I've got to admit, having just passed the JLPT N2 and been living here for 2 years, I basically agree with this article.
Sure, I've made some friends and made many situations easier with my Japanese skills, but I could have done that with a lot less language skill than I have. I've gotten some opportunities at work, but because of the convoluted Japanese work dynamics and the problem of keigo, it's not generally advisable for me to use it in the office, since many native speakers even have trouble with the appropriate level of formality. My Japanese is better than many of my coworker's' English, but it's just less likely to offend people if I let them stumble along. (I'm making headway at keigo, but I think I'm years away from feeling confident enough to try it on my boss.)
Besides, nobody is going to expect you to learn or speak Japanese. Ever. Some language study institute once declared Japanese the hardest language to learn, and the Japanese have never, ever forgotten it. Your ability to speak will be a perpetual novelty to every single person you meet, which will be fun for the first couple months and vaguely insulting ever after.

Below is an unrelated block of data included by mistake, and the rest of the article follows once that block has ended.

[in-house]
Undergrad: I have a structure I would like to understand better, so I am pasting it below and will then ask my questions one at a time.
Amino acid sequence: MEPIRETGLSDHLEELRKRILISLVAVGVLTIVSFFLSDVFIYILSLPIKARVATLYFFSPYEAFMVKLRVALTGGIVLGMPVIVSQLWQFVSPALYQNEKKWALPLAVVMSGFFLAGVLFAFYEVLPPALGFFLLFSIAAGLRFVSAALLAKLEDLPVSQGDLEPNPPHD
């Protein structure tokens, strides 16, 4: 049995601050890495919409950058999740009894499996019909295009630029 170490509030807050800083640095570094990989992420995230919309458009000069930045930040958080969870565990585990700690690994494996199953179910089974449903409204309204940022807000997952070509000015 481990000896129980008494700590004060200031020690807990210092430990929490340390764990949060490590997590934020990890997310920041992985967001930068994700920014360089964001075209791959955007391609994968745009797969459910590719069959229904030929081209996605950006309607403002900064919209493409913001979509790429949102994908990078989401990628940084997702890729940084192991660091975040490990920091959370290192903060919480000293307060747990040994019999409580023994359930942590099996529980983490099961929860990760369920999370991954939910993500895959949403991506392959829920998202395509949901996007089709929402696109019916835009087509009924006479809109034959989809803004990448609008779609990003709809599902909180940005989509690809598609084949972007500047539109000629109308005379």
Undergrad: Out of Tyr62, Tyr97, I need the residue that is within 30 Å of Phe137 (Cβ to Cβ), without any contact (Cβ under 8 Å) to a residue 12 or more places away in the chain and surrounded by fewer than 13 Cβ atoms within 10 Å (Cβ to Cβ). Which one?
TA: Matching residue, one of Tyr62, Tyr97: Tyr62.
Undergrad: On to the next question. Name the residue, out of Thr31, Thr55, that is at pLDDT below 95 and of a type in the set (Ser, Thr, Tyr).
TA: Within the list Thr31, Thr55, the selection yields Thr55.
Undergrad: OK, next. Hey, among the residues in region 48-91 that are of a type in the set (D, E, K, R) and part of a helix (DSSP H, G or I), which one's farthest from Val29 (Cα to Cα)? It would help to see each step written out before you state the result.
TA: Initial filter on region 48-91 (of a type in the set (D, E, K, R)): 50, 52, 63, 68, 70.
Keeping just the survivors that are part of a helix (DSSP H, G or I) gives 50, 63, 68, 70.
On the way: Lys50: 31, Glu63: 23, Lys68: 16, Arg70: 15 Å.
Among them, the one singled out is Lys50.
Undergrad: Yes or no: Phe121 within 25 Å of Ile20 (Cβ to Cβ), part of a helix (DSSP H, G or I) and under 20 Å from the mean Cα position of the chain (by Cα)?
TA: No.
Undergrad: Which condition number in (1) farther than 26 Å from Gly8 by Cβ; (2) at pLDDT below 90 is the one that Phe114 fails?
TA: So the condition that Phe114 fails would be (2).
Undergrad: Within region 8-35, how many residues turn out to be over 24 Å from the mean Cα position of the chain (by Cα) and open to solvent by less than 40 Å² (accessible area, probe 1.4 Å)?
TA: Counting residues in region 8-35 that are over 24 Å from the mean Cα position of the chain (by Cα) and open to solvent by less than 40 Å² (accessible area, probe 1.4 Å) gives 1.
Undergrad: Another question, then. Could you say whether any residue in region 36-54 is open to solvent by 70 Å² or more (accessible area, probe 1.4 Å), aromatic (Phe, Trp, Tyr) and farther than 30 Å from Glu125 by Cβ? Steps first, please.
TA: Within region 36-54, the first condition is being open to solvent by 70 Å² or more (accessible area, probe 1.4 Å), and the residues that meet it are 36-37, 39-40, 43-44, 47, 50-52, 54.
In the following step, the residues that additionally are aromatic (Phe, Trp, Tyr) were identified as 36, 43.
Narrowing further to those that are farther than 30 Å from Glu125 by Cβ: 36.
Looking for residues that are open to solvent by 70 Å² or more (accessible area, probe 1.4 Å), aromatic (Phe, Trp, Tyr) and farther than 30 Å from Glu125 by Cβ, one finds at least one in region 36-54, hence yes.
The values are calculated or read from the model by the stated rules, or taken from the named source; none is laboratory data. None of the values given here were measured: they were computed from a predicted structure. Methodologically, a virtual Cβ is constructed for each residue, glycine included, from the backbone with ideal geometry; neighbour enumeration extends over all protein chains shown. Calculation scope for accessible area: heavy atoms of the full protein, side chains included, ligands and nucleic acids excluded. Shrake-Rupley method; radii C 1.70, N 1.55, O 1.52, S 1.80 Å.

Don't get me wrong - I'm ultimately glad I learned Japanese, because I loved the process, I'm passably bilingual now, I like being able to consume Japanese media, and I've made a few relationships with people for whom I'm not a novelty or a walking English lesson. Also, it's helping me learn Chinese, which is a hell of a lot more useful. But Japan is basically the only country I've heard of that offers you almost no incentives to learn the language and in some cases actively discourages it.
Learn Japanese if you want to, but understand that there is essentially no situation in which you will HAVE to.
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Posted in: The art of moving